Is Your Sore Throat a Cold, Strep Throat, or Tonsillitis?
What Is the Treatment for Strep Throat?
Strep throat is treated using antibiotics, which kill the bacteria causing the infection. Antibiotics are often taken as pills or given as a shot. Penicillin and amoxicillin are common antibiotics used to treat strep throat. Other antibiotics are prescribed for people who are allergic to penicillin.
Follow your health care provider's instructions for antibiotic use. Take all of the medication, even if you feel better. You should feel better within a day or two. A person with strep throat should stay home until 24 hours after starting the antibiotic.
What If My Strep Throat Isn't Getting Better?
If your strep throat is not getting better, let your health care provider know right away. Do not stop taking your prescribed medicine unless your health care provider tells you to. Call your health care provider if these symptoms occur:
How Is Tonsillitis Different From a Sore Throat With a Cold?
Sometimes, a sore throat is caused by tonsillitis, an inflammation of the tonsils. Tonsillitis can be caused by viruses or bacteria. While the tonsils' job is to help fight infection, the tonsils can also become infected. When they do, the result is tonsillitis and a very painful sore throat.
How Are Tonsillitis Symptoms Different From Symptoms of a Sore Throat With a Cold?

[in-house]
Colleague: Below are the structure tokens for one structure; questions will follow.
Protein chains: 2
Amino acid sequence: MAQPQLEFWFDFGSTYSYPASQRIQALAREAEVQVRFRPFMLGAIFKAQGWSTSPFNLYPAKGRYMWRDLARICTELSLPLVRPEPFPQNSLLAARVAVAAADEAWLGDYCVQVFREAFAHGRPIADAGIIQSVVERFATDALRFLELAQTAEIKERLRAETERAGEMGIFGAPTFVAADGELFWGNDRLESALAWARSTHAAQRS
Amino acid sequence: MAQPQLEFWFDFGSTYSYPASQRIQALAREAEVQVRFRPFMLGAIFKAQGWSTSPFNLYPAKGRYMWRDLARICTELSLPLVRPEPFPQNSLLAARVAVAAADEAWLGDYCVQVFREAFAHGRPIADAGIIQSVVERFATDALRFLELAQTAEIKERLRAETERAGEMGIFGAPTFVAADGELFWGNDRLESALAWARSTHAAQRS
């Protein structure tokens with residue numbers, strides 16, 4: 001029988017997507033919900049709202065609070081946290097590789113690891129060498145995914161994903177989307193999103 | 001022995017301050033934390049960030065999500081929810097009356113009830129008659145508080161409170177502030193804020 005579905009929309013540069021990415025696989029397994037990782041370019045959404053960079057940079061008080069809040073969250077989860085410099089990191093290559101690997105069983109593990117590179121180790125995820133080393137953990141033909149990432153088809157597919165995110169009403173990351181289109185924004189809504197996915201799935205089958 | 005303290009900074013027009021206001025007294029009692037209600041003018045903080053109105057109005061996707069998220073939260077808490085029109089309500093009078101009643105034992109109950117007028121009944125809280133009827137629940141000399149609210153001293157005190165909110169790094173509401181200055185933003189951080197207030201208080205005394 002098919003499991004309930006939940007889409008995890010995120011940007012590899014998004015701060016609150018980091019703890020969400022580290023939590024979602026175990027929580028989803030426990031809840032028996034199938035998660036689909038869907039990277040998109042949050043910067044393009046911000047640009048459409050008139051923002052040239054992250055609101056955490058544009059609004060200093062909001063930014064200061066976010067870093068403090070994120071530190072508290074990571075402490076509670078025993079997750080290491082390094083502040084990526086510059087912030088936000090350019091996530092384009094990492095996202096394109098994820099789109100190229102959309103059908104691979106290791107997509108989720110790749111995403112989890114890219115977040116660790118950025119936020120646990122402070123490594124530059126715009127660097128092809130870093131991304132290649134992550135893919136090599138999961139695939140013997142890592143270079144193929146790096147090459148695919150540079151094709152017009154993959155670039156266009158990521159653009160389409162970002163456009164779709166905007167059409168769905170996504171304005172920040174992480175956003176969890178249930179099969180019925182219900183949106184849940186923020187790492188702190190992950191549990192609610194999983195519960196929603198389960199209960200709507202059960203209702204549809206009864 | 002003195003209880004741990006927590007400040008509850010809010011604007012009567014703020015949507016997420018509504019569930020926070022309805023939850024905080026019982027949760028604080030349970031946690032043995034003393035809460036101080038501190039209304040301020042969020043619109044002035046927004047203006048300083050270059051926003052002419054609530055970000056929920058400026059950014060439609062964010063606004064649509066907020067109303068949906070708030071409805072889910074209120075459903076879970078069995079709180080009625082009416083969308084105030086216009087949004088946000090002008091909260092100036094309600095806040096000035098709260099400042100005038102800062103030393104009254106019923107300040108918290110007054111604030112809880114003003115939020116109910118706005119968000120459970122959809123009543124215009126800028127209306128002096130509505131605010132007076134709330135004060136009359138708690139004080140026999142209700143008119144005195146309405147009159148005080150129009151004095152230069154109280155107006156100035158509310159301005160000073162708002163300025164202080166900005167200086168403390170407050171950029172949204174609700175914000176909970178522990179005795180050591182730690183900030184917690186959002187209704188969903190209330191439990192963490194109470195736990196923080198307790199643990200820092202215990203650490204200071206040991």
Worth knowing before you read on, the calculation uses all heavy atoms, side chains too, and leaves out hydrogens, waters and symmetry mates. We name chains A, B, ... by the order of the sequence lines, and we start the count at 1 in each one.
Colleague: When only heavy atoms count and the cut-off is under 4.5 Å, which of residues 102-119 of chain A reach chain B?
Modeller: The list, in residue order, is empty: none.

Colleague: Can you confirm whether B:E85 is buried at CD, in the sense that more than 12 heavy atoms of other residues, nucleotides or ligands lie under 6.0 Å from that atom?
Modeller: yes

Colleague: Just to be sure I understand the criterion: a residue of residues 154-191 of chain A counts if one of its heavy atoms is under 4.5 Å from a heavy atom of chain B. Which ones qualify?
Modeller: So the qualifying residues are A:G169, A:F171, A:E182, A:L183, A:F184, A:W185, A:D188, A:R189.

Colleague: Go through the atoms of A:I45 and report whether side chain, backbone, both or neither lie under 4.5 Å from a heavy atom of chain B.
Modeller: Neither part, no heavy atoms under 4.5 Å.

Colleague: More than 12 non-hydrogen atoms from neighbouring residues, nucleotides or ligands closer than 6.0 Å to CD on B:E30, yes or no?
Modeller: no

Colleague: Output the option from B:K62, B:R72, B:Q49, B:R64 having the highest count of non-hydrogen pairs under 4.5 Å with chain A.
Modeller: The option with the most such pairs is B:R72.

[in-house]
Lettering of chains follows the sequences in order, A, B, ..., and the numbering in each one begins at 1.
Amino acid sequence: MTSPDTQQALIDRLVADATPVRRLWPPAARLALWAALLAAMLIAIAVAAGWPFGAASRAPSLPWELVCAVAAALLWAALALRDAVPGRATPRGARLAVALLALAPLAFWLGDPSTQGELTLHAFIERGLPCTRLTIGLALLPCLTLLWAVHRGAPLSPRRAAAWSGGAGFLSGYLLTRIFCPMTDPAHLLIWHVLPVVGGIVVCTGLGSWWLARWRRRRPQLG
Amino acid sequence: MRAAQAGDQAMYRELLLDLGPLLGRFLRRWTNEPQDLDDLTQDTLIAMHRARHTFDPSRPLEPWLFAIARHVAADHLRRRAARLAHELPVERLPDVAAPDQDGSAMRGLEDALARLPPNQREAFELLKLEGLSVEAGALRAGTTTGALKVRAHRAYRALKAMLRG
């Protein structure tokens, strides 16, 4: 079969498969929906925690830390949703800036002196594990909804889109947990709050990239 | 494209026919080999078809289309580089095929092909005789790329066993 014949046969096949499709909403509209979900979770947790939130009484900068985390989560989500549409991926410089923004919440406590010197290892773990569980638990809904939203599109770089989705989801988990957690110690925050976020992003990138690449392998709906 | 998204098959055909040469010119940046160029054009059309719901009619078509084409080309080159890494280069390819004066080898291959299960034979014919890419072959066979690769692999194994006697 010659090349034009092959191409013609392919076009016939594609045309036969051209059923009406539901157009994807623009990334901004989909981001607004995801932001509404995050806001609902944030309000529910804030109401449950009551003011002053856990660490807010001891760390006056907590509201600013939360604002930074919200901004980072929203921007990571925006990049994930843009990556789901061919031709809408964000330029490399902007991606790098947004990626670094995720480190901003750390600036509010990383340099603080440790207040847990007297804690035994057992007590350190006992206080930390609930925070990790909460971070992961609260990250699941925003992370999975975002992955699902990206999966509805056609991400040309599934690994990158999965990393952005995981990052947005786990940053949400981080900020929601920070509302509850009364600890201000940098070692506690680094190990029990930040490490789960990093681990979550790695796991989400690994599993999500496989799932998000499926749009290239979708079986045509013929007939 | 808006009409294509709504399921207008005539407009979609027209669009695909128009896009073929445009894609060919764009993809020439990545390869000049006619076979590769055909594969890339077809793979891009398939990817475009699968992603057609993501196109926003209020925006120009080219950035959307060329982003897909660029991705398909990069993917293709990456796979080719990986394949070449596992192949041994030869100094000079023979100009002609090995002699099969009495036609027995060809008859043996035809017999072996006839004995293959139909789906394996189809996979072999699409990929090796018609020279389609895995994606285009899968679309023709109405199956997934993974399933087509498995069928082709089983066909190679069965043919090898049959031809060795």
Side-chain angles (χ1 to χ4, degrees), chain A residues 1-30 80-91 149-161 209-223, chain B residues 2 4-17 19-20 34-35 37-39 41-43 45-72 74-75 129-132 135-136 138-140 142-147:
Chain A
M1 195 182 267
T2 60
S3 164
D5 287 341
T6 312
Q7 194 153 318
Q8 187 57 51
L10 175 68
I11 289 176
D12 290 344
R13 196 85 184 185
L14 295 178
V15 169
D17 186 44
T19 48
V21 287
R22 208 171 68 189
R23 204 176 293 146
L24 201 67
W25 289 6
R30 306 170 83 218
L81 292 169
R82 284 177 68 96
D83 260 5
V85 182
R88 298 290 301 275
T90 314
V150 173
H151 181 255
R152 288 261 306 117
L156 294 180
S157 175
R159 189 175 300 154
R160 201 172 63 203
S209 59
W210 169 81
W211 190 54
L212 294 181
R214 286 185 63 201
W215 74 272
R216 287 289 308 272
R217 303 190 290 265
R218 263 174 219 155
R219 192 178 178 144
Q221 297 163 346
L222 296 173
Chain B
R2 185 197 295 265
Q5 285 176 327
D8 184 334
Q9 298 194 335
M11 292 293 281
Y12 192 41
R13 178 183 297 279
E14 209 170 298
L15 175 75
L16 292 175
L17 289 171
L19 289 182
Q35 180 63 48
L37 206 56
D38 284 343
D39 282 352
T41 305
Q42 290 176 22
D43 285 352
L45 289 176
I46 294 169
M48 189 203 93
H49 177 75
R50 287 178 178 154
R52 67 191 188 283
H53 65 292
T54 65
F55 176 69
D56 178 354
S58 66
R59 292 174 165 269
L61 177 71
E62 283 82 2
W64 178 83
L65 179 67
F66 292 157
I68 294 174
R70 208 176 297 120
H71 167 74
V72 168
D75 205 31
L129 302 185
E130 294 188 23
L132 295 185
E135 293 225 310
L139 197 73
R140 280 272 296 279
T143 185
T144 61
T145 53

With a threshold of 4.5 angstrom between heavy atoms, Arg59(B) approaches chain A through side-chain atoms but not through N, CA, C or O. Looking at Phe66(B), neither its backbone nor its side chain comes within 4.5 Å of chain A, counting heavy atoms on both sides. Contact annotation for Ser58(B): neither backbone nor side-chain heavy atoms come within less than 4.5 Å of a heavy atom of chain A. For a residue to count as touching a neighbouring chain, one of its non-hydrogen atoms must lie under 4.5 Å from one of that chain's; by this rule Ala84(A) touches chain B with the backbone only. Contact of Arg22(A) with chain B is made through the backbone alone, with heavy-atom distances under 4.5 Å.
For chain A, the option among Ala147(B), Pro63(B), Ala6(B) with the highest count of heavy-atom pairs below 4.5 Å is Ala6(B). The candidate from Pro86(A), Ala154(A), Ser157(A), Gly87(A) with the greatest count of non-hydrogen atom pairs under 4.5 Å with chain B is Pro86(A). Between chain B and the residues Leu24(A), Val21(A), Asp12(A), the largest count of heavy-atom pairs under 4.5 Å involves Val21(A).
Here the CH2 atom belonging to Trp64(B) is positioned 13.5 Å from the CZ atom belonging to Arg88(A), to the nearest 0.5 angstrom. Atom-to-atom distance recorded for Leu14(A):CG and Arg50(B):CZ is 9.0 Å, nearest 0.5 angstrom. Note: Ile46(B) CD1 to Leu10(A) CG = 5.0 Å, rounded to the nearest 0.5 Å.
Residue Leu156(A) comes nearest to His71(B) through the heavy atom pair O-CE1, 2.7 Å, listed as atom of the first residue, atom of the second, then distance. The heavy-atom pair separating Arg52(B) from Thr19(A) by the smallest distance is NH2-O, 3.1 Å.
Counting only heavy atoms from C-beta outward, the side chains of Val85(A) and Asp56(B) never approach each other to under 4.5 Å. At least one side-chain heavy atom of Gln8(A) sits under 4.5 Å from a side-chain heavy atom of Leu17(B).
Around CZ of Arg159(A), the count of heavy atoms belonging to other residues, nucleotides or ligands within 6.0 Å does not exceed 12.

In addition to a sore throat, a cold usually causes nasal symptoms, such as runny nose or congestion. With tonsillitis, your tonsils become swollen and may have telltale white or yellow spots. Other symptoms with tonsillitis include the following:
How Is a Sore Throat From Tonsillitis Treated?
If the tonsillitis infection is bacterial like strep throat, then antibiotics are given. If the tonsillitis infection is viral, antibiotics will not help. The virus must run its course for the sore throat to resolve. For either type of throat infection, the following treatment measures may help:
- Getting plenty of rest
- Drinking lots of fluid
- Eating smooth, soothing foods like gelatin, ice cream, shakes, frozen desserts, and soup
- Avoiding crunchy or spicy foods
- Using a vaporizer
- Taking over-the-counter pain relievers such as acetaminophen, naproxen, or ibuprofen. Children should not take aspirin.
If the tonsillitis infections occur repeatedly, or if the tonsils are interfering with sleep and breathing, the doctor may recommend a tonsillectomy, which is the surgical removal of the tonsils.